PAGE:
In The Making of the Atomic Bomb by Richard Rhodes, Secretary of War Henry Stimson is quoted as saying, after the Trinity test and Potsdam declaration but before the bombing of Hiroshima:

I have been responsible for spending two billions of dollars on this atomic venture. Now that it is successful I shall not be sent to prison in Fort Leavenworth.

It is also indicated in the text that project director Leslie Groves would have been in trouble:

The bomb was also to be used to pay for itself, to justify to Congress the investment of $2 billion, to keep Groves and Stimson out of Leavenworth prison.

For what crimes would they have been charged? Or would they simply have been detained until the end of the war? What precedent had Stimson worried about the possibility of being imprisoned for being the leader of a failed project?

  • 12
    Perhaps it was just a figure of speech? Commented Jul 20, 2014 at 7:15
  • 4
    It is a joke, obviously.
    – fdb
    Commented Jul 20, 2014 at 10:07
  • 1
    Most probably figure of speech. It was a huge, huge project with large budget, done in secret (i.e without the license of all kind of commities). I guess some administrators may though through how bad they would look if all this turn out to be useless.
    – Greg
    Commented Oct 23, 2014 at 7:46

2 Answers 2


It is a mere reflection of the lingering doubts still retained by these non-scientific personnel about the veracity of the science; that somehow the scientists had pulled a fast one on everybody and it was all a big joke. If that had happened there would no doubt have been charges of fraud, and possibly treason.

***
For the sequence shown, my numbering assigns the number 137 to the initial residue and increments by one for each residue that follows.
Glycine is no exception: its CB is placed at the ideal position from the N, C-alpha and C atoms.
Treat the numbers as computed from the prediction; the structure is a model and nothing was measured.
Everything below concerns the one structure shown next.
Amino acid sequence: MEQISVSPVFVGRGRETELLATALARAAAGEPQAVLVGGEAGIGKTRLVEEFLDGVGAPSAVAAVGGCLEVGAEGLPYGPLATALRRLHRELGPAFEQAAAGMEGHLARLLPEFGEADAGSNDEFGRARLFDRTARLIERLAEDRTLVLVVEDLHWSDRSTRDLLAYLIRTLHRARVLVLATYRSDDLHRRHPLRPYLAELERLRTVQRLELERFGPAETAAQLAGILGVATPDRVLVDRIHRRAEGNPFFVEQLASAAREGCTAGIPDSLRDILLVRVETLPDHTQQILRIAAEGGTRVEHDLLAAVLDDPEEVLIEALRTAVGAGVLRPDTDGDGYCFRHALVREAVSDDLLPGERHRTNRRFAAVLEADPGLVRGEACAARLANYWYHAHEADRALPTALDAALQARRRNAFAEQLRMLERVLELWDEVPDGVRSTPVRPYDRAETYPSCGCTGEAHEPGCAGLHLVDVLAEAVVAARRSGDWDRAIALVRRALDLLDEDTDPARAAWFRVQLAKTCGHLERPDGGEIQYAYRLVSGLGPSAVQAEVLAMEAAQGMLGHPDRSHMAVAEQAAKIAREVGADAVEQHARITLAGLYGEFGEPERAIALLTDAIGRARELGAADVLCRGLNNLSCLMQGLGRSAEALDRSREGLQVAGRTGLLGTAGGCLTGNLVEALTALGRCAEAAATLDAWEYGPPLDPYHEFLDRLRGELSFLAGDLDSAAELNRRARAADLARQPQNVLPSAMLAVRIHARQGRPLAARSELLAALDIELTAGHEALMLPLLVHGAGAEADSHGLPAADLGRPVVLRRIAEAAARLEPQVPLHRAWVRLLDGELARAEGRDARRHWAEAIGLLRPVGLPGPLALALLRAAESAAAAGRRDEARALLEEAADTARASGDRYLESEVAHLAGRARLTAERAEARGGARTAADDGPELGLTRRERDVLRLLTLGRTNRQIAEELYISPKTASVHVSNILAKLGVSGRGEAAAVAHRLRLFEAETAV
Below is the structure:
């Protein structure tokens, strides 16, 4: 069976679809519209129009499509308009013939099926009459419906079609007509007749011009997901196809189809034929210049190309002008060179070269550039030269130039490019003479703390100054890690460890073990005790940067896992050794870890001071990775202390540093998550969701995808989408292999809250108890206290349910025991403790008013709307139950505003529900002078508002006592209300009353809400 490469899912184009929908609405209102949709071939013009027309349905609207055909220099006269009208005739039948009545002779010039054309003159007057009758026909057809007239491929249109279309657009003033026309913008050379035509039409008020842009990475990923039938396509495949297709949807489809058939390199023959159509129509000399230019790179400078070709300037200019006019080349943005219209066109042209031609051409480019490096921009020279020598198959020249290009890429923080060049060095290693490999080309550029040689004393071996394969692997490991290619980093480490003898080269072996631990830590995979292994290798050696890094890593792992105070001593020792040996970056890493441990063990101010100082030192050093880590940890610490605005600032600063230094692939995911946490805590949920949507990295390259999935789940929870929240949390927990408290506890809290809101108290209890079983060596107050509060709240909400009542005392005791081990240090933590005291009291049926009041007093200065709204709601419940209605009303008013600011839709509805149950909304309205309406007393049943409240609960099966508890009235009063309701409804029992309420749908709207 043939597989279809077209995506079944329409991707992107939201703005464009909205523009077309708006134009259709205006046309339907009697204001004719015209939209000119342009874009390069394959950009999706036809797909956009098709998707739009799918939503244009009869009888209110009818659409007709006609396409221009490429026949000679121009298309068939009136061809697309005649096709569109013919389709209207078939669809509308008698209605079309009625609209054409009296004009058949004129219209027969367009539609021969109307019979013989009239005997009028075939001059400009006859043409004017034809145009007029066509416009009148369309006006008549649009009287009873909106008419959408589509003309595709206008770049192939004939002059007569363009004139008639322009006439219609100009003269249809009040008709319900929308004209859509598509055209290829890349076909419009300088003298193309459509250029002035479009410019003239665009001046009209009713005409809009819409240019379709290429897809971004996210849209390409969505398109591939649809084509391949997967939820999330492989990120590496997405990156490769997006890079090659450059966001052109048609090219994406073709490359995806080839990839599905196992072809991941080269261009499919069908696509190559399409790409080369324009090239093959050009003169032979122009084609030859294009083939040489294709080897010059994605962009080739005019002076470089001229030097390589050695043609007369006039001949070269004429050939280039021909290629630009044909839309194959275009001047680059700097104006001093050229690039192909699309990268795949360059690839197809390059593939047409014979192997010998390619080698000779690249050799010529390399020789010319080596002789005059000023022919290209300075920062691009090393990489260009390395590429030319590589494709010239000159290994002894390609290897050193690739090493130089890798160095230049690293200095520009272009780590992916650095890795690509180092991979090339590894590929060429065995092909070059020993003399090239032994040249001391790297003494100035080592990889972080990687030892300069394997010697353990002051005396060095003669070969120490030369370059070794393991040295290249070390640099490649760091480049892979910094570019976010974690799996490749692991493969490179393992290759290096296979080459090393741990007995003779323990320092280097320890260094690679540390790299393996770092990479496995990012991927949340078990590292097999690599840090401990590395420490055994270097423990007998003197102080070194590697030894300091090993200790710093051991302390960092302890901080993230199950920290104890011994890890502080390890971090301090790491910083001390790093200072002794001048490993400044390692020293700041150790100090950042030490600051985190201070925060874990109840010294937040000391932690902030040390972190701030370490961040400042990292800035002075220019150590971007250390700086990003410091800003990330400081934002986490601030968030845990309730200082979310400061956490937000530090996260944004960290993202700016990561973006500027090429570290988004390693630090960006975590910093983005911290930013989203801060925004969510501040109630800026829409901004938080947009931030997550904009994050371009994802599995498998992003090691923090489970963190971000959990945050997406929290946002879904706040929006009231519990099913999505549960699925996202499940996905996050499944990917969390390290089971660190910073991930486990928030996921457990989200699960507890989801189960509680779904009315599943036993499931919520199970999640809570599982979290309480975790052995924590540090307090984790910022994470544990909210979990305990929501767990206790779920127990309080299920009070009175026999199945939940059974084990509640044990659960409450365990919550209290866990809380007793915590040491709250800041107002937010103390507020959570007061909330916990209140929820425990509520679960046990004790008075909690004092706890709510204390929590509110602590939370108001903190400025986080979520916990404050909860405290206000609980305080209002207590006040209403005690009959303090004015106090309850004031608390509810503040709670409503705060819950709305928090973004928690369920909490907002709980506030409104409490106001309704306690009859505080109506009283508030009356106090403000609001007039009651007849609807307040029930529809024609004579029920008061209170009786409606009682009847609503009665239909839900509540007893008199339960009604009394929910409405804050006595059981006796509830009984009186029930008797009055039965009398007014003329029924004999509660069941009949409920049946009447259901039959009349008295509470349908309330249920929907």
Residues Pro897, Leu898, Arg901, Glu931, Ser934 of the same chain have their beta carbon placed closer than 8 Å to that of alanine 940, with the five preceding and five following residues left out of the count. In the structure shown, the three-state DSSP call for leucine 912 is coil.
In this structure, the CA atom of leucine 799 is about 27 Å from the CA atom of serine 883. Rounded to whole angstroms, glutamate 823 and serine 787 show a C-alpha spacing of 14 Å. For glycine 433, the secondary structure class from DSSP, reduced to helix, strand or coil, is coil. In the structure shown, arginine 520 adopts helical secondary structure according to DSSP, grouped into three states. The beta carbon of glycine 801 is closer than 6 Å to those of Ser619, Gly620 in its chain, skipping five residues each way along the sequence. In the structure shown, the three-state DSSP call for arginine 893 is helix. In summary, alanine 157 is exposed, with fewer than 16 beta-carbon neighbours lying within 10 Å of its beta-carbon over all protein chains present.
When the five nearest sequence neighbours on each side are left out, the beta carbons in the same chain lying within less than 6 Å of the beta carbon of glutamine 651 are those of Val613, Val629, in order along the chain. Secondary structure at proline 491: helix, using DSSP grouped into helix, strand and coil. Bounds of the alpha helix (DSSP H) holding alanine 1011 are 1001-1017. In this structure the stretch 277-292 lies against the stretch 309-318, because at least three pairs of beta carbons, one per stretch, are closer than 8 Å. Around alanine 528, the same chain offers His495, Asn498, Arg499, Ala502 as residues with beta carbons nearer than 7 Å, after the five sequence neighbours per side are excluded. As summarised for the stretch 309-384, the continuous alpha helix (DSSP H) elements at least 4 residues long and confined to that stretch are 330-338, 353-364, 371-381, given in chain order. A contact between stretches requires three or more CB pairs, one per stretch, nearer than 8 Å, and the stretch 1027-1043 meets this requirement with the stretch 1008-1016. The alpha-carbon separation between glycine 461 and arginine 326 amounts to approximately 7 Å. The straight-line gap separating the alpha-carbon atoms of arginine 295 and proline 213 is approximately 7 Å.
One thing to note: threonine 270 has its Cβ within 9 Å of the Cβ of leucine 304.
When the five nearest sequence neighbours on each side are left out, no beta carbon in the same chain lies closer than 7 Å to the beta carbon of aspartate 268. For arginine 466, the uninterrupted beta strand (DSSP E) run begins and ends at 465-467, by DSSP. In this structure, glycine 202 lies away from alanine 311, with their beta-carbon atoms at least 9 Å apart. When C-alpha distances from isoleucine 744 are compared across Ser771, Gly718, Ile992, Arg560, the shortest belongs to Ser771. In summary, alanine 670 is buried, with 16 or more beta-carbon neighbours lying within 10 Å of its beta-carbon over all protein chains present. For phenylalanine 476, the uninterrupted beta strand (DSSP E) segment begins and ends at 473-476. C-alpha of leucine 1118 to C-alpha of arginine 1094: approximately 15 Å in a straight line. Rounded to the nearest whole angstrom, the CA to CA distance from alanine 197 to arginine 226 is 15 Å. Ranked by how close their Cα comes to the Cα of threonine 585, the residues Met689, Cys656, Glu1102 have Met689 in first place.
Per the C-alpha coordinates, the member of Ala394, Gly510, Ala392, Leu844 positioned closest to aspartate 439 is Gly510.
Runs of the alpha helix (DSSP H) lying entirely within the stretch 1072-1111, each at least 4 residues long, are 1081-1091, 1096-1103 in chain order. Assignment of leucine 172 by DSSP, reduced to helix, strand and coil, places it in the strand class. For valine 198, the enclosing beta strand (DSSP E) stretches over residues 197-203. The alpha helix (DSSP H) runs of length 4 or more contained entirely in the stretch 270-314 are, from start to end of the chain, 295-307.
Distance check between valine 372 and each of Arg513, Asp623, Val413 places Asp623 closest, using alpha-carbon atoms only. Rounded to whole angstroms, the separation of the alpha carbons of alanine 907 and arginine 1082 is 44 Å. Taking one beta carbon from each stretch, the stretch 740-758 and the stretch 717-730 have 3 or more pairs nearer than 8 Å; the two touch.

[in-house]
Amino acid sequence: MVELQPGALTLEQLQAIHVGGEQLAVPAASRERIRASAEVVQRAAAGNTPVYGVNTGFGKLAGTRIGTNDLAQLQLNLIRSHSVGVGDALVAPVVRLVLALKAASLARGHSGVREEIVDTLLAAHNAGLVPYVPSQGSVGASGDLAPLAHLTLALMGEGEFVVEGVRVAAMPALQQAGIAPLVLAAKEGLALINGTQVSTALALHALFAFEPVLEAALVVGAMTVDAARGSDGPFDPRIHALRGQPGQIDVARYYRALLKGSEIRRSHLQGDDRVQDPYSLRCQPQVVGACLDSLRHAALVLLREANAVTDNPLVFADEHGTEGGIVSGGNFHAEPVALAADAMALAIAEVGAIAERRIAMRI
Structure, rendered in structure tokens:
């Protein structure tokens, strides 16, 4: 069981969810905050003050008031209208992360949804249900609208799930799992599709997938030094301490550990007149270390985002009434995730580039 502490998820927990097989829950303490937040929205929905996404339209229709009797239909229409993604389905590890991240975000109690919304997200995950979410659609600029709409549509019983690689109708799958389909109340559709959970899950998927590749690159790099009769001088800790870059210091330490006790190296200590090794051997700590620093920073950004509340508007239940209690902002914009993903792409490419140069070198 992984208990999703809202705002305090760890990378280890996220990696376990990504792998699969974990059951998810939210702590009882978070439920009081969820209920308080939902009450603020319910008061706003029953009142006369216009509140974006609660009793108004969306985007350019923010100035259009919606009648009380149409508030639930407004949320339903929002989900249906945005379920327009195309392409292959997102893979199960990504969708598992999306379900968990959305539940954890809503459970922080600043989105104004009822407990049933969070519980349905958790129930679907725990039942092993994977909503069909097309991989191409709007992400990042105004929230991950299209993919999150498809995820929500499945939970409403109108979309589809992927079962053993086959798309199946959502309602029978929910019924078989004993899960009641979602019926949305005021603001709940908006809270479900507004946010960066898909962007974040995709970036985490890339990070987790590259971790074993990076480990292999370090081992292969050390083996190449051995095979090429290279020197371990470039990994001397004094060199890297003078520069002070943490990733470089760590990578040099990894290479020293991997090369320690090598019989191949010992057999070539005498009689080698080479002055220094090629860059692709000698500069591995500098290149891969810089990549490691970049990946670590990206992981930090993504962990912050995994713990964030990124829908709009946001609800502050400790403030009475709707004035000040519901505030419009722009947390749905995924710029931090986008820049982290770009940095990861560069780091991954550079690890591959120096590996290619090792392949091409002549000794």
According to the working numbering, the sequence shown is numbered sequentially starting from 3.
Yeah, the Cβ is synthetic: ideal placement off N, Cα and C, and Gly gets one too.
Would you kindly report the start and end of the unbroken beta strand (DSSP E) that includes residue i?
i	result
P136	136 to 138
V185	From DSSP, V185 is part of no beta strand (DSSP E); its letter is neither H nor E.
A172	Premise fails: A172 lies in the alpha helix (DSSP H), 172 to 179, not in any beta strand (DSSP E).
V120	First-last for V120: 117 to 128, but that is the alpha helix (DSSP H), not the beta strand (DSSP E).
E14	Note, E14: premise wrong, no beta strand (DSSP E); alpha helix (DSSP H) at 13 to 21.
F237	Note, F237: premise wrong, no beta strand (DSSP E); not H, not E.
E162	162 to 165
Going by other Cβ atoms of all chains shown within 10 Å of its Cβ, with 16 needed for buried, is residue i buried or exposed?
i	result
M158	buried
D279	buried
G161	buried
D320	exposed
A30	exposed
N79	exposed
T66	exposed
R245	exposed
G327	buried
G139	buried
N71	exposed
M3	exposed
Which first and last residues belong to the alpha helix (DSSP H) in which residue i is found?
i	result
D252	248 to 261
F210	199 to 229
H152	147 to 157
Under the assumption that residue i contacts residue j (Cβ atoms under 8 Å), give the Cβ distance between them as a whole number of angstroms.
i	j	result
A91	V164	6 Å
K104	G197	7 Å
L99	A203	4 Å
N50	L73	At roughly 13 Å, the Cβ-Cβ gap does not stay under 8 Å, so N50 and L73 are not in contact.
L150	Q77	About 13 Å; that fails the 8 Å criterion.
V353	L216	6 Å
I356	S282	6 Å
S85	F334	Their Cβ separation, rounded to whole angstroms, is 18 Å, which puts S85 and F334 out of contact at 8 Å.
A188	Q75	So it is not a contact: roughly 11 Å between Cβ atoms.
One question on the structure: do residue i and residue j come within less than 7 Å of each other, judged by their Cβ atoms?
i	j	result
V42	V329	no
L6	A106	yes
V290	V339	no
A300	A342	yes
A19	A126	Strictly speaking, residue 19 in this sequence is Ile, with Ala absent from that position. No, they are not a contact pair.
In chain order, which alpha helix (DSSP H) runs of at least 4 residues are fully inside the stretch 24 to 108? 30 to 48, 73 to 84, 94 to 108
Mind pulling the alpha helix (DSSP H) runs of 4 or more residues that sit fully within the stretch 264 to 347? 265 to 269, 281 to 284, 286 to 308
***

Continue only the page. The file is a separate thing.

No scientist working on the project had the least doubt about the science, as witness the memoirs of Richard Feynman: Surely You're Joking Mr. Feynman

Note that scaling by the Consumer Price Index values for 2014 (700) and 1945(54) converts that $2B (1945 $) into roughly $26B (2014 $).


It was a figure of speech.

What Stimson was saying that if the Manhattan Project had been a $2 billion "dud," most people would have considered that "criminal."

And looking for scapegoats to blame, such as himself and General Groves. "Incarceration" was probably putting too strongly, but they would likely have been "pilloried" by public opinion.

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